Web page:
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17 Mar, 2013 19:49

No retreat: Asma Assad, wife of Syrian President, appears in public

No retreat: Asma Assad, wife of Syrian President, appears in public

Asma Assad, the wife of Bashar, dispelled persistent rumors about her whereabouts when she made a public appearance in the capital Damascus at the weekend. Meanwhile, government forces seem to have suffered several setbacks in their conflict with rebels.

On Saturday, Assad, 37, and her three children appeared at the “Mothers’ Rally”, a charity fundraiser for parents of government soldiers who have been killed in the two-year conflict.

Media previously speculated that British-born Assad had escaped the country, leading Russia to issue a denial that it was accommodating the Syrian First Lady last year.

In January a pro-Assad Lebanese newspaper reported that Asma Assad was pregnant with the couple’s fourth child, though the authorities later moved to deny the story as “utterly false”.

Bashar Assad’s mother and sister are said to have left for Dubai in the United Arab Emirates.

Despite putting on a brave public face, the Assad regime has endured a difficult time of late.

Brigadier General Mohammed Nour Ezzedeen Khallouf, the army’s chief of supplies and logistics, defected together with his son in what appeared to be a long-prepared move “co-ordinated with various factors in the Syrian revolution”, according to a video message posted online.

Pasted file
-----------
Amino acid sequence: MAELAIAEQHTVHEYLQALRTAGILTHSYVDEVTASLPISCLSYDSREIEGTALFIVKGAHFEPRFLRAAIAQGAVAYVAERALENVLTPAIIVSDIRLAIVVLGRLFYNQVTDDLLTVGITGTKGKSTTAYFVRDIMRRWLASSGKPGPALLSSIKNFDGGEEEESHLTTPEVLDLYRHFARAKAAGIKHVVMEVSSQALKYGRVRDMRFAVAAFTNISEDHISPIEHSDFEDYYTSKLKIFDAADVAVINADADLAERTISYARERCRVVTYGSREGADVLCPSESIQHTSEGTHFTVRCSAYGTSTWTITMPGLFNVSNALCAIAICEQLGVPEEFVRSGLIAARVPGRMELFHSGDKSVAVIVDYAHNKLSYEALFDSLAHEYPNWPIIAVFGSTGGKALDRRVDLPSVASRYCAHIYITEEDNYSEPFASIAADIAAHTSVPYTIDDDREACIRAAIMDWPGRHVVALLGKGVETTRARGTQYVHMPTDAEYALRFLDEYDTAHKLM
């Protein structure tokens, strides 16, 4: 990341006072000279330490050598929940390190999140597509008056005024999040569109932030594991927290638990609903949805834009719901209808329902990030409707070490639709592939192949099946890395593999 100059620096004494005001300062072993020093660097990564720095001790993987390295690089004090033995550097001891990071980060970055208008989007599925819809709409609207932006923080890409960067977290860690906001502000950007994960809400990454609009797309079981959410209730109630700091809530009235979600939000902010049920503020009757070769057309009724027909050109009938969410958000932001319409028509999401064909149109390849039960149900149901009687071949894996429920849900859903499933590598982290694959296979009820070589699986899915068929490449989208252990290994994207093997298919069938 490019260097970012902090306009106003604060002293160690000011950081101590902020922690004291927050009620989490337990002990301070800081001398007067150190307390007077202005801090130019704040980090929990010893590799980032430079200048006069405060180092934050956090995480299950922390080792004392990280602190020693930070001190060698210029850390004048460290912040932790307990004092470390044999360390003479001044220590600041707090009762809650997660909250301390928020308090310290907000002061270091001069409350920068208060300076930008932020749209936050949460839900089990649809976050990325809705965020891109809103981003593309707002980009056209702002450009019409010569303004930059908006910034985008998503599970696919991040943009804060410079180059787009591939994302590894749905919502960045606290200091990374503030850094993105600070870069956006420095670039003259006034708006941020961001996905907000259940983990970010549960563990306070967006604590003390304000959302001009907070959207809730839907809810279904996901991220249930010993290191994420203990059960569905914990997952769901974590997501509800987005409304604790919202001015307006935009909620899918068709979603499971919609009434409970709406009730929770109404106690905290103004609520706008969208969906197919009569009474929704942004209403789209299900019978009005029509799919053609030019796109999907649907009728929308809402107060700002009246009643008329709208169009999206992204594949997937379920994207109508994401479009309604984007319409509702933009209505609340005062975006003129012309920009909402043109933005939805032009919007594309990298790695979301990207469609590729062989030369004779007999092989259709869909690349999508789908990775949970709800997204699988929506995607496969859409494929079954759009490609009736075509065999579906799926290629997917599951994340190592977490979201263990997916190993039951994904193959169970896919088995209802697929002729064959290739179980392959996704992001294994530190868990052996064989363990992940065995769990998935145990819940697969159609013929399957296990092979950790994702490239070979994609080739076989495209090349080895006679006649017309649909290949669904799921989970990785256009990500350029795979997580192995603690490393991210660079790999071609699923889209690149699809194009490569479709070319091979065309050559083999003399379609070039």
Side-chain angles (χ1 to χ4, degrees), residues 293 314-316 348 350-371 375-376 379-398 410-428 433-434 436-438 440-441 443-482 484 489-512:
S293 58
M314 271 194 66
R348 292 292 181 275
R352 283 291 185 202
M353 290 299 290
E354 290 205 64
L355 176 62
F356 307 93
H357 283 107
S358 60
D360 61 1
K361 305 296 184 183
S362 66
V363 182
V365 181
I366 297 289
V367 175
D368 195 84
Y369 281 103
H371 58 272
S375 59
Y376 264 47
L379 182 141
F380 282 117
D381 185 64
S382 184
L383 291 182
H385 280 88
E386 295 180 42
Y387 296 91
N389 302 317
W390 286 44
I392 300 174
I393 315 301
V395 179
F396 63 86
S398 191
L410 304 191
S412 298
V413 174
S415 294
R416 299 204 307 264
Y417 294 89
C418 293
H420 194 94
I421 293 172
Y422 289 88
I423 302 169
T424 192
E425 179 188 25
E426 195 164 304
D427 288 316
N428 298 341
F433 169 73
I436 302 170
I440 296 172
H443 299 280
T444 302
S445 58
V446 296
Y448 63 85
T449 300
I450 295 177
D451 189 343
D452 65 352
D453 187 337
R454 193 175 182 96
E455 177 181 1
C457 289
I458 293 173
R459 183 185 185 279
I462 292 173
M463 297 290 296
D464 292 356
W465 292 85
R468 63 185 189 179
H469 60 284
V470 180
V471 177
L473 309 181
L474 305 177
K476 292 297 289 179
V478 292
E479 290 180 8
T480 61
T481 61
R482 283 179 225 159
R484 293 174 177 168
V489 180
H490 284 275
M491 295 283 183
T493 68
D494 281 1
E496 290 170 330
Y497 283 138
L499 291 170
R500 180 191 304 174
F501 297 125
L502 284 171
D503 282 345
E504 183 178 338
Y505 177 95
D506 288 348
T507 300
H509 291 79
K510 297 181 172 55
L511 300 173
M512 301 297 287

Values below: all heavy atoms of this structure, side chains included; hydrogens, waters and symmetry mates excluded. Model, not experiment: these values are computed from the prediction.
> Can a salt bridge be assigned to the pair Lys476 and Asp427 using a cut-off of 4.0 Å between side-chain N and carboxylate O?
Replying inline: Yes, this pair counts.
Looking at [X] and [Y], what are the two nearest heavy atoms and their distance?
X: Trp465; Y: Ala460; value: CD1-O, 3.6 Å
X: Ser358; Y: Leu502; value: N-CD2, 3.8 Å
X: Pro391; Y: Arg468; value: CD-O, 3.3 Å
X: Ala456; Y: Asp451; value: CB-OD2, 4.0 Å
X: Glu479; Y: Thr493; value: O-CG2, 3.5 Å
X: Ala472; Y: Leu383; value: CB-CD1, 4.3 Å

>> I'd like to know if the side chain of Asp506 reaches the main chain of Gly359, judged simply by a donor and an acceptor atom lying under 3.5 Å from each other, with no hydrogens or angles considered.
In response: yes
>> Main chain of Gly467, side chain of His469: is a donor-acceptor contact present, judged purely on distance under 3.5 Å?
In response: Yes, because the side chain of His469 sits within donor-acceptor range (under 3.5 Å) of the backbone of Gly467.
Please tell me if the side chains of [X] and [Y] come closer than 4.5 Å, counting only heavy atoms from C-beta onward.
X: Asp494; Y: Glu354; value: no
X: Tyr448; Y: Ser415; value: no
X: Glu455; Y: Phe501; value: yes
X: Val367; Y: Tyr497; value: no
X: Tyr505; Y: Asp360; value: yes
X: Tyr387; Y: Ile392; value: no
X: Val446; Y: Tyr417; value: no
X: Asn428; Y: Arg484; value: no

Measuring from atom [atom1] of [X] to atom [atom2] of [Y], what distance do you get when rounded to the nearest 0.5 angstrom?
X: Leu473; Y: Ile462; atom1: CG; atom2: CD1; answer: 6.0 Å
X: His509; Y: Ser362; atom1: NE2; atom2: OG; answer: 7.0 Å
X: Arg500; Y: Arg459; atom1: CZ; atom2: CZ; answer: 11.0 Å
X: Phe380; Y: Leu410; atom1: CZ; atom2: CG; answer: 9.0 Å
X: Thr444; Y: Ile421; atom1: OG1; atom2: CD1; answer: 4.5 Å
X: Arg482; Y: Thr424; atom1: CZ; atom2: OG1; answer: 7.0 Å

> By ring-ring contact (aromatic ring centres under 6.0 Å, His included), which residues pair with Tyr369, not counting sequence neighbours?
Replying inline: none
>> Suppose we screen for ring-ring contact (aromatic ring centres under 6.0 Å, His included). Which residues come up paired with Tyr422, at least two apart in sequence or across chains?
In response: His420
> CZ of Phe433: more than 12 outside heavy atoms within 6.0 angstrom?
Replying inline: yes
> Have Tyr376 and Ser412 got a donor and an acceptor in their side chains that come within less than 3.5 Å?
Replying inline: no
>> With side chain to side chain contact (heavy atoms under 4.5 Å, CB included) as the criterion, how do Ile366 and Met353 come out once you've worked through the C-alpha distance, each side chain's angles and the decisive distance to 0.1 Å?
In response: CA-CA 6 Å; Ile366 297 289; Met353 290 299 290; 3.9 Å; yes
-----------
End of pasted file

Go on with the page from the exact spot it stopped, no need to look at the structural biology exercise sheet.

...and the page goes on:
Rebels also say they have captured a military intelligence complex in Hauran Plain, near the border with Israel after a five-day siege.

"Anyone who was arrested in the Yarmouk Valley was sent to this military intelligence headquarters to be tortured and it has a strategic importance,” said Abu Iyas al-Haurani, a fighter  in the Yarmouk Martyrs Brigade.

Activist group Human Rights Watch also condemned the Assad regime for the use of cluster bombs – smaller explosives carried within a larger projectile and then released over a wide area. The organization claimed the bombs often do not explode immediately, and injure civilians who come upon them accidentally at a later time.

More than 70,000 have been killed in the Syrian conflict since it began in 2011, according to UN estimates.